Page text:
Written by Jose-Luis Ruiz, DDS, FAGD Sunday, 29 February 2004 19:00
The use of full porcelain restorations is increasing, offering the advantages of excellent aesthetics, less tooth reduction than porcelain-fused-to-metal (PFM) crowns, and kindness to the gingival tissues. One reason these types of restorations are not more popular, though, is their technique sensitivity. As reported in the text, Esthetic Dentistry, A Clinical Approach to Techniques and Materials (Dale and Aschheim; Mosby), resin cementation of these restorations can require up to 22 steps, any of which can lead to failure if performed incorrectly.
Mainly because of this complicated and technique sensitive cementation, many dentists turn to PFM crowns as the primary indirect aesthetic restorative option. PFM crowns require more aggressive preparation and difficult tissue management, including aggressive cord packing; they are less aesthetically pleasing; and they sometimes require gingival removal. However, their cementation is easy and predictable. Simplification of the cementation of full porcelain restorations would be a huge step forward in aesthetic dentistry.
With society demanding a more attractive smile,1 and an increased life expectancy demanding more conservative dentistry, patients are continually refusing the "ideal" gold onlay even after being presented with its many advantages.2 For a patient who places an emphasis on aesthetics, the treatment of choice for a small cavity is a composite filling. However, when the same patient presents with a larger cavity, large composites may be a less attractive choice. Likewise, when the patient refuses a gold onlay because of its unattractive appearance, the most commonly used restoration is a PFM crown.
A more ideal option, however, would be a porcelain onlay,3 as it conserves existing dentition, is gentle to the gingival tissue, and is more aesthetically pleasing. It is this author's opinion that more dentists are not utilizing porcelain onlays or all-porcelain restorations because they need to be bonded and cemented utilizing resin cement,4 which is a more technique sensitive procedure.
The preparation and impression technique for porcelain onlays is much simpler than that for a PFM. Because all preparation is supragingival, no cord or tissue management is needed, and less tooth reduction is required. Eliminating the need for tissue management, accordingly, makes it easier to take an impression. Until recently, the only difficult part of the treatment was the cementation.
CONVENTIONAL TECHNIQUE FOR CEMENTING PORCELAIN ONLAYS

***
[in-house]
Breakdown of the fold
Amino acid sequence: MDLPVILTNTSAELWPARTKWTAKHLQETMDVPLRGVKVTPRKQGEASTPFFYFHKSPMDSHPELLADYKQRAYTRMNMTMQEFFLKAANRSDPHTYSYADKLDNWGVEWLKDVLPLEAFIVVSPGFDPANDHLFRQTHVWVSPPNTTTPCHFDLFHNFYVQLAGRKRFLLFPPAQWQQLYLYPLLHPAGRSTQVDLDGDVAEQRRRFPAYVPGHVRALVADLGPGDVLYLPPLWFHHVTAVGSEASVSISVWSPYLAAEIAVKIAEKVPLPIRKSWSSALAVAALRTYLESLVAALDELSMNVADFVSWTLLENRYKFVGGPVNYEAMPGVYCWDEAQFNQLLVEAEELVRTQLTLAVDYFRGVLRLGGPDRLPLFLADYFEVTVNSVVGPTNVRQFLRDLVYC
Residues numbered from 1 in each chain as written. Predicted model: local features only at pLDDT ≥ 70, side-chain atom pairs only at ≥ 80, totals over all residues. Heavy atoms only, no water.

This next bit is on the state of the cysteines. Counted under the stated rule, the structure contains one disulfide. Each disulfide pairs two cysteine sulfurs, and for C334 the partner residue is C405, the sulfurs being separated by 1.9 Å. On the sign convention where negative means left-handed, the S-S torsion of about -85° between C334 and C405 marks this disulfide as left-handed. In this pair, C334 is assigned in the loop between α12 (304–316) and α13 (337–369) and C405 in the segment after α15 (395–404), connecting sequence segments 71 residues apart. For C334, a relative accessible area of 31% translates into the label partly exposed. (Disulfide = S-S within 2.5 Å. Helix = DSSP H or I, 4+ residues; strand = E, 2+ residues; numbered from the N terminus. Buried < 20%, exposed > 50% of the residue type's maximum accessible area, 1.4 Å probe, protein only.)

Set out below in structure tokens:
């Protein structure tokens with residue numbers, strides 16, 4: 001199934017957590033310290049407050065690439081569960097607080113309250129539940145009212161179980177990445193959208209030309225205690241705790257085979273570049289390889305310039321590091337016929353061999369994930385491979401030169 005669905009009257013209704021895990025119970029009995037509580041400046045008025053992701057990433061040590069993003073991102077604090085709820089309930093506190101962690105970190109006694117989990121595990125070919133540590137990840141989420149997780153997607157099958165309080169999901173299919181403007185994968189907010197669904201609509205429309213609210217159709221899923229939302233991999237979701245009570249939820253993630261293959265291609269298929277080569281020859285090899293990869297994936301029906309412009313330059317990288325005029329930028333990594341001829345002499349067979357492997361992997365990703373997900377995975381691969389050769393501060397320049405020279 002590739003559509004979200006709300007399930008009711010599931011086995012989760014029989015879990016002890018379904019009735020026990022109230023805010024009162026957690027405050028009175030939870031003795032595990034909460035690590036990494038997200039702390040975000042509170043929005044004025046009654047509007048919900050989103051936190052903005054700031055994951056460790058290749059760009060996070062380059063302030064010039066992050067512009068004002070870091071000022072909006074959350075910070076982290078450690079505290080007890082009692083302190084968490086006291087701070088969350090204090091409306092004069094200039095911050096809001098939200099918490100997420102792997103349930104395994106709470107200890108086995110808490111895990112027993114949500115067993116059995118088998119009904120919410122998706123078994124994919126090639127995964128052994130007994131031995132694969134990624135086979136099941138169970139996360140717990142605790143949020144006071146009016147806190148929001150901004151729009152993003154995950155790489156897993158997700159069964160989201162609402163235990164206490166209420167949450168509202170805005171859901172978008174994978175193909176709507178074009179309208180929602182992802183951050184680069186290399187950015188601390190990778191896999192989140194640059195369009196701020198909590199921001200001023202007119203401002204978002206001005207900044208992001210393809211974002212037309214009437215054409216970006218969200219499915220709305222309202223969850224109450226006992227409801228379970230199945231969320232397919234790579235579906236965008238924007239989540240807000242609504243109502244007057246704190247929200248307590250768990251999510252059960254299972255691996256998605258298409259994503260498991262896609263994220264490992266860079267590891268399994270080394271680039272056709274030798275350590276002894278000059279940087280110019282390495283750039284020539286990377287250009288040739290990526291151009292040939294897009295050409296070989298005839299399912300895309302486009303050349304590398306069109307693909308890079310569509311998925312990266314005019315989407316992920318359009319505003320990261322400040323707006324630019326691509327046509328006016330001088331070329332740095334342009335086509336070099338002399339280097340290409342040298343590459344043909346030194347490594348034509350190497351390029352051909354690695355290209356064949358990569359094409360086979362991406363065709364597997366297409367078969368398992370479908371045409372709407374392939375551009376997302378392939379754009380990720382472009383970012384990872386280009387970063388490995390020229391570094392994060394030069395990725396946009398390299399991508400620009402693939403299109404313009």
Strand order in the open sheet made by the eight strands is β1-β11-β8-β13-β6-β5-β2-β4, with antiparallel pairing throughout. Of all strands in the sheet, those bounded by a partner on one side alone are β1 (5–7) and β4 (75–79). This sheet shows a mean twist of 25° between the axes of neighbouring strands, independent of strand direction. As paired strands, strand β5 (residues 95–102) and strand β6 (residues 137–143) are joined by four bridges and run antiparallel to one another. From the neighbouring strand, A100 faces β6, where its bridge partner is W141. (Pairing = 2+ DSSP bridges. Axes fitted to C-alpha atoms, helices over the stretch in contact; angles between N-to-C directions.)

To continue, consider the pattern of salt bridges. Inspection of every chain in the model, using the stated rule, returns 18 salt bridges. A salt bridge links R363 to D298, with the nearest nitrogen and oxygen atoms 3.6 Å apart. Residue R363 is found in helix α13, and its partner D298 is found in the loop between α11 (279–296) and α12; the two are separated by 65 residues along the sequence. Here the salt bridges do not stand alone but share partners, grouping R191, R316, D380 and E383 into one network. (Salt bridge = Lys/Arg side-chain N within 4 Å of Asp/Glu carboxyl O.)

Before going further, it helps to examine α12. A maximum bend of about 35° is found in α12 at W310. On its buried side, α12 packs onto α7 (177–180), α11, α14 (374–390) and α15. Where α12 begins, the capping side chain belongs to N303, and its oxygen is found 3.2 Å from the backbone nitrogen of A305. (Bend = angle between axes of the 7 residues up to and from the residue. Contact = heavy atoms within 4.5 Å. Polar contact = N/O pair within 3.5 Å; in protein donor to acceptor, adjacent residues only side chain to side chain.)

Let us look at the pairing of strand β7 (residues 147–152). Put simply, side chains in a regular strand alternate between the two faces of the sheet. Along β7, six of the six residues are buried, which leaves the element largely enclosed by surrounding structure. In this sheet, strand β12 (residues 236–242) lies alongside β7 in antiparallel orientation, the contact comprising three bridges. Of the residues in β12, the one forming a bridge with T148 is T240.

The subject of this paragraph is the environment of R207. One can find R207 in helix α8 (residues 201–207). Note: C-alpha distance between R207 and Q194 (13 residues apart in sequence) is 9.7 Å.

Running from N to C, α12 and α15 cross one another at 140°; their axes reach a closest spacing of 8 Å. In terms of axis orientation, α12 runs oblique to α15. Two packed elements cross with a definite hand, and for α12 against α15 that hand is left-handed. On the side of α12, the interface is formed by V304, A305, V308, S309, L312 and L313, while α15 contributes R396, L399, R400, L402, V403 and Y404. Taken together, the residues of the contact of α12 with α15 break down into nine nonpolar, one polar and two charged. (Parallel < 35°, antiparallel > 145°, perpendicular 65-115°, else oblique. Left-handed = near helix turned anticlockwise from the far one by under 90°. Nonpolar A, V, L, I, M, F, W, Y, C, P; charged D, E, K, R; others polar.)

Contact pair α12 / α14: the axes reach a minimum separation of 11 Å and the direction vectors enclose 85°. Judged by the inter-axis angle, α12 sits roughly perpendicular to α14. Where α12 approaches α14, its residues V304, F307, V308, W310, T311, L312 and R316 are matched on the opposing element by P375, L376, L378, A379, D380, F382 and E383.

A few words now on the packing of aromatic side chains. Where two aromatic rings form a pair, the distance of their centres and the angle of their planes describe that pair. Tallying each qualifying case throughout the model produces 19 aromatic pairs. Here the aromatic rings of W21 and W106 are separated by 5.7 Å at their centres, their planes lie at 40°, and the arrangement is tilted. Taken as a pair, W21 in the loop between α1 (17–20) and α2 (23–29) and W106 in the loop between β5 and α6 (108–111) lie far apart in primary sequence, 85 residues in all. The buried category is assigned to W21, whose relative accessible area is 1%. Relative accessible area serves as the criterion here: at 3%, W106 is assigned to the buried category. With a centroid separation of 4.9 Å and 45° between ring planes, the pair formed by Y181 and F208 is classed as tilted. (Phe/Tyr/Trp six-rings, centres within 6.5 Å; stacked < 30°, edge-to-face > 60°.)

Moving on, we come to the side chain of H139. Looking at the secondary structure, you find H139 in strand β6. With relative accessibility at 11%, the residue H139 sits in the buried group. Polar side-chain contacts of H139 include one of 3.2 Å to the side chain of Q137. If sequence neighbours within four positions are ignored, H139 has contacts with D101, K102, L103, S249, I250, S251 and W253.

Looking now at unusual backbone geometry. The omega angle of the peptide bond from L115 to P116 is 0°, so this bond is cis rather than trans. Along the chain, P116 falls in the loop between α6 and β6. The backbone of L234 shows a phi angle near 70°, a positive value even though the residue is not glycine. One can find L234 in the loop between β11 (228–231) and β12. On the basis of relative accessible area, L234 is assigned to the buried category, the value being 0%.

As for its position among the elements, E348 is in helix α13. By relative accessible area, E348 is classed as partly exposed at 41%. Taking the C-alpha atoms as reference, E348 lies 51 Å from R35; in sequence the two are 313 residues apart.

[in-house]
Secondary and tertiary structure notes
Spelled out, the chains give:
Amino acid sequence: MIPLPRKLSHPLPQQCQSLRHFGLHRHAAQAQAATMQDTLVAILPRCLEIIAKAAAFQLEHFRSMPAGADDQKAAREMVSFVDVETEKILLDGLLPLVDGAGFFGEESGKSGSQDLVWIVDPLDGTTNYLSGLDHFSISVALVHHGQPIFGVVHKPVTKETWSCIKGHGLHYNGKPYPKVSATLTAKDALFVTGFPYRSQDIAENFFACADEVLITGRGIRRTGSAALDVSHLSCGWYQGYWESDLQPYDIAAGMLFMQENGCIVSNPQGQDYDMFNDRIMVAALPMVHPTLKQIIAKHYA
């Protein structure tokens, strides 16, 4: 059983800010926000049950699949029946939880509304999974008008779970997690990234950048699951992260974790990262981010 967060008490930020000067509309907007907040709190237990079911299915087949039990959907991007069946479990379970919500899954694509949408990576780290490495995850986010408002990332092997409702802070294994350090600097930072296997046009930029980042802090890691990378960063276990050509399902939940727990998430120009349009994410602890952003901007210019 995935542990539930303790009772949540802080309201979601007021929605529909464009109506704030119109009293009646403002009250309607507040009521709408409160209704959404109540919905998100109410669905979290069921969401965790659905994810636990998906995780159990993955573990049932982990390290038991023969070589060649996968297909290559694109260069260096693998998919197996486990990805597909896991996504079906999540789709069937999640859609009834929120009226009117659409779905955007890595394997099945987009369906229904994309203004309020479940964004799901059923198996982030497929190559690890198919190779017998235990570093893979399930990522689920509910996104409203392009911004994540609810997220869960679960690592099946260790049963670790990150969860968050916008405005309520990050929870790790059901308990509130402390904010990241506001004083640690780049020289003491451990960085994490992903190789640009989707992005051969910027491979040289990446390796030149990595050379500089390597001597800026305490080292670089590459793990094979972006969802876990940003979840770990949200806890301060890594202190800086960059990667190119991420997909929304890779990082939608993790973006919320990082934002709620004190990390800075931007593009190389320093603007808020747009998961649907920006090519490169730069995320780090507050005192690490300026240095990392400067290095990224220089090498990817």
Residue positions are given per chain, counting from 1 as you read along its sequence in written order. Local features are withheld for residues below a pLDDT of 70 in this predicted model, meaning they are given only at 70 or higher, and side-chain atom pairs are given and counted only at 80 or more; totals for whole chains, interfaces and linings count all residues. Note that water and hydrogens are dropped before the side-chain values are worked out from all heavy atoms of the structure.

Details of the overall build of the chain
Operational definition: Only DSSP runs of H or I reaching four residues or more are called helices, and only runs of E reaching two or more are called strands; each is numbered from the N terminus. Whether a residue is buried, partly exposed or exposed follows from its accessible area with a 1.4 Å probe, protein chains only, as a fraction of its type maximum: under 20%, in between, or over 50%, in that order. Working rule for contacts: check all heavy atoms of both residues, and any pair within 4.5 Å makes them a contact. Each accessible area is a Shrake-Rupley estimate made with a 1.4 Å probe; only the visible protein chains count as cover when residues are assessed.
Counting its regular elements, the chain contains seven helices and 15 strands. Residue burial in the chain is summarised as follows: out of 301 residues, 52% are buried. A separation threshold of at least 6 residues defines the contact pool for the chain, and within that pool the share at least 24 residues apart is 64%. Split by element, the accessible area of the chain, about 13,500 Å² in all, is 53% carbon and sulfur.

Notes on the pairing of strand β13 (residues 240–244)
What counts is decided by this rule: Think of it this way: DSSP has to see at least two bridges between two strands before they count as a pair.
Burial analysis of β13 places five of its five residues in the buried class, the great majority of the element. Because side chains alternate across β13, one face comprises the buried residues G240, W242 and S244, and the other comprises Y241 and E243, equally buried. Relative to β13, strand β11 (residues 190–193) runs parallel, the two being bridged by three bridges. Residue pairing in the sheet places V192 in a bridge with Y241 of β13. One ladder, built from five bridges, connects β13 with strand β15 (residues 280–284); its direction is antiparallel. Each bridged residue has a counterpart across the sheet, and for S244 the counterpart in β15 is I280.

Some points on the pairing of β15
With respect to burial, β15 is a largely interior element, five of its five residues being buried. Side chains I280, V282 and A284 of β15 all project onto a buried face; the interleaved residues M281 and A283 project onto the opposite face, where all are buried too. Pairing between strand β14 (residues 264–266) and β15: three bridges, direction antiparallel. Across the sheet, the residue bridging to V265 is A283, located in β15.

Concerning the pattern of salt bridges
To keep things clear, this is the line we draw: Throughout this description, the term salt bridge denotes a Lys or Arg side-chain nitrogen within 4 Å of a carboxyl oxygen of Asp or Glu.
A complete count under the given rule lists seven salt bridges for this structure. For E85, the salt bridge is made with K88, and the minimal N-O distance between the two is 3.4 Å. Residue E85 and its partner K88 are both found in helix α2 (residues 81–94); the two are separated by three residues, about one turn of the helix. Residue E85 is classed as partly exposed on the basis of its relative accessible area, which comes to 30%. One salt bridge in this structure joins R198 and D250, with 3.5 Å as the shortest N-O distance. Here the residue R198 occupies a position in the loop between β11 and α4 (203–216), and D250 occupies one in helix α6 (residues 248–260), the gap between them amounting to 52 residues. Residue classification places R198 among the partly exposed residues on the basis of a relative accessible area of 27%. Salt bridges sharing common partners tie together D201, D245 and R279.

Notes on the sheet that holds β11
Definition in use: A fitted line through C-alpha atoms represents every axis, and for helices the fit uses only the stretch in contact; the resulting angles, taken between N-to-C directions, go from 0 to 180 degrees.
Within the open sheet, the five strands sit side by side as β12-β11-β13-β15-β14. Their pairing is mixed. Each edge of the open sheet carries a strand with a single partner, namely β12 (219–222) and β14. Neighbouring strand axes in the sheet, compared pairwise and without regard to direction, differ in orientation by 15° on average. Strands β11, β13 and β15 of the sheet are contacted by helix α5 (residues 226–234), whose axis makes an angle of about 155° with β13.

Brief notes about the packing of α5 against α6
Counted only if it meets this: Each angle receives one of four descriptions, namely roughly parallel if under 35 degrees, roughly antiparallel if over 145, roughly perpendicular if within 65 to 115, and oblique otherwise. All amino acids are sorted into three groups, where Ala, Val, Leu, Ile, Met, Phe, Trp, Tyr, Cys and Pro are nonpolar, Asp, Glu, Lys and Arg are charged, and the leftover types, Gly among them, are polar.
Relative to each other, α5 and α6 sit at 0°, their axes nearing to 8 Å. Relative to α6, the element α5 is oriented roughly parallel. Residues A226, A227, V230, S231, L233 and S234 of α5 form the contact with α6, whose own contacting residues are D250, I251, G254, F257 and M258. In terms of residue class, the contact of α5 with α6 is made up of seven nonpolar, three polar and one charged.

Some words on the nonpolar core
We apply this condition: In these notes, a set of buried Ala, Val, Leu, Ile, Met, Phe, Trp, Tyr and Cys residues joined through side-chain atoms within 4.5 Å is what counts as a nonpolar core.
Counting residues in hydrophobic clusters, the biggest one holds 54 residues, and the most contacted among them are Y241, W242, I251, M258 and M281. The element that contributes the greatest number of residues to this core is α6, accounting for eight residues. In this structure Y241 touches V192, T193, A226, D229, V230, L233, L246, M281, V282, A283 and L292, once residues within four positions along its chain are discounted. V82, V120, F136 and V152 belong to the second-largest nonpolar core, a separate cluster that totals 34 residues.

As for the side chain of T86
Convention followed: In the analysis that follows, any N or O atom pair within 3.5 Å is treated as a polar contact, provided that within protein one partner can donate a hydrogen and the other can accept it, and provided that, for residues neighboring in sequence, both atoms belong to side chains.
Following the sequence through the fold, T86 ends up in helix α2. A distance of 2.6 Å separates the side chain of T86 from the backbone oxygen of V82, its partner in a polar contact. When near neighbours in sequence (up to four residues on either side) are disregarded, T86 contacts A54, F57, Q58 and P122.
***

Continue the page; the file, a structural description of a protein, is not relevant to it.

|Table 1. With Conventional Cementation Technique Utilizing Any Total-Etch Bonding System, Strict Isolation Is Essential and Must Be Maintained for Several Minutes.
Conventional onlay cementation utilizing a total-etch bonding system is very technique sensitive.5 The many complicated steps required create the possibility for error and failure, including postoperative sensitivity or onlay fracture because of cementation error. Conventional onlay cementation requires more than 13 separate steps (Table 1). The time spent following these steps can be without a doubt the most stressful few minutes of the dentist's day, since any mistake can lead to failure.
New Technique for Cementing Porcelain Onlays
|Table 2. Reduced Number of Steps With New Cementation Technique.
This article presents a case report using a technique for cementing porcelain onlays that requires less than half the steps and half the time of conventional techniques. The cement used in this technique is RelyX Unicem Self-Adhesive Universal Resin Cement (3M ESPE). The restoration should be porcelain etched and silanated.6 However, because the cementation can be accomplished so quickly, isolation is much easier and there is no need to use desensitizer, as the material is a self-etch/self-bond system, and sensitivity is almost nonexistent. The cement is then mixed and the restoration inserted in the mouth. Note that care should be placed in properly curing the cement,7 although the material is dual-cure. After cleaning residual cement, the dentist then can finish as usual. Table 2 depicts this new technique.
The following case report demonstrates how utilizing this new cementation technique for porcelain onlays requires significantly less steps than a conventional technique. This ultimately saves the dentist time while offering the patient aesthetically pleasing results and reducing the risk of discomfort.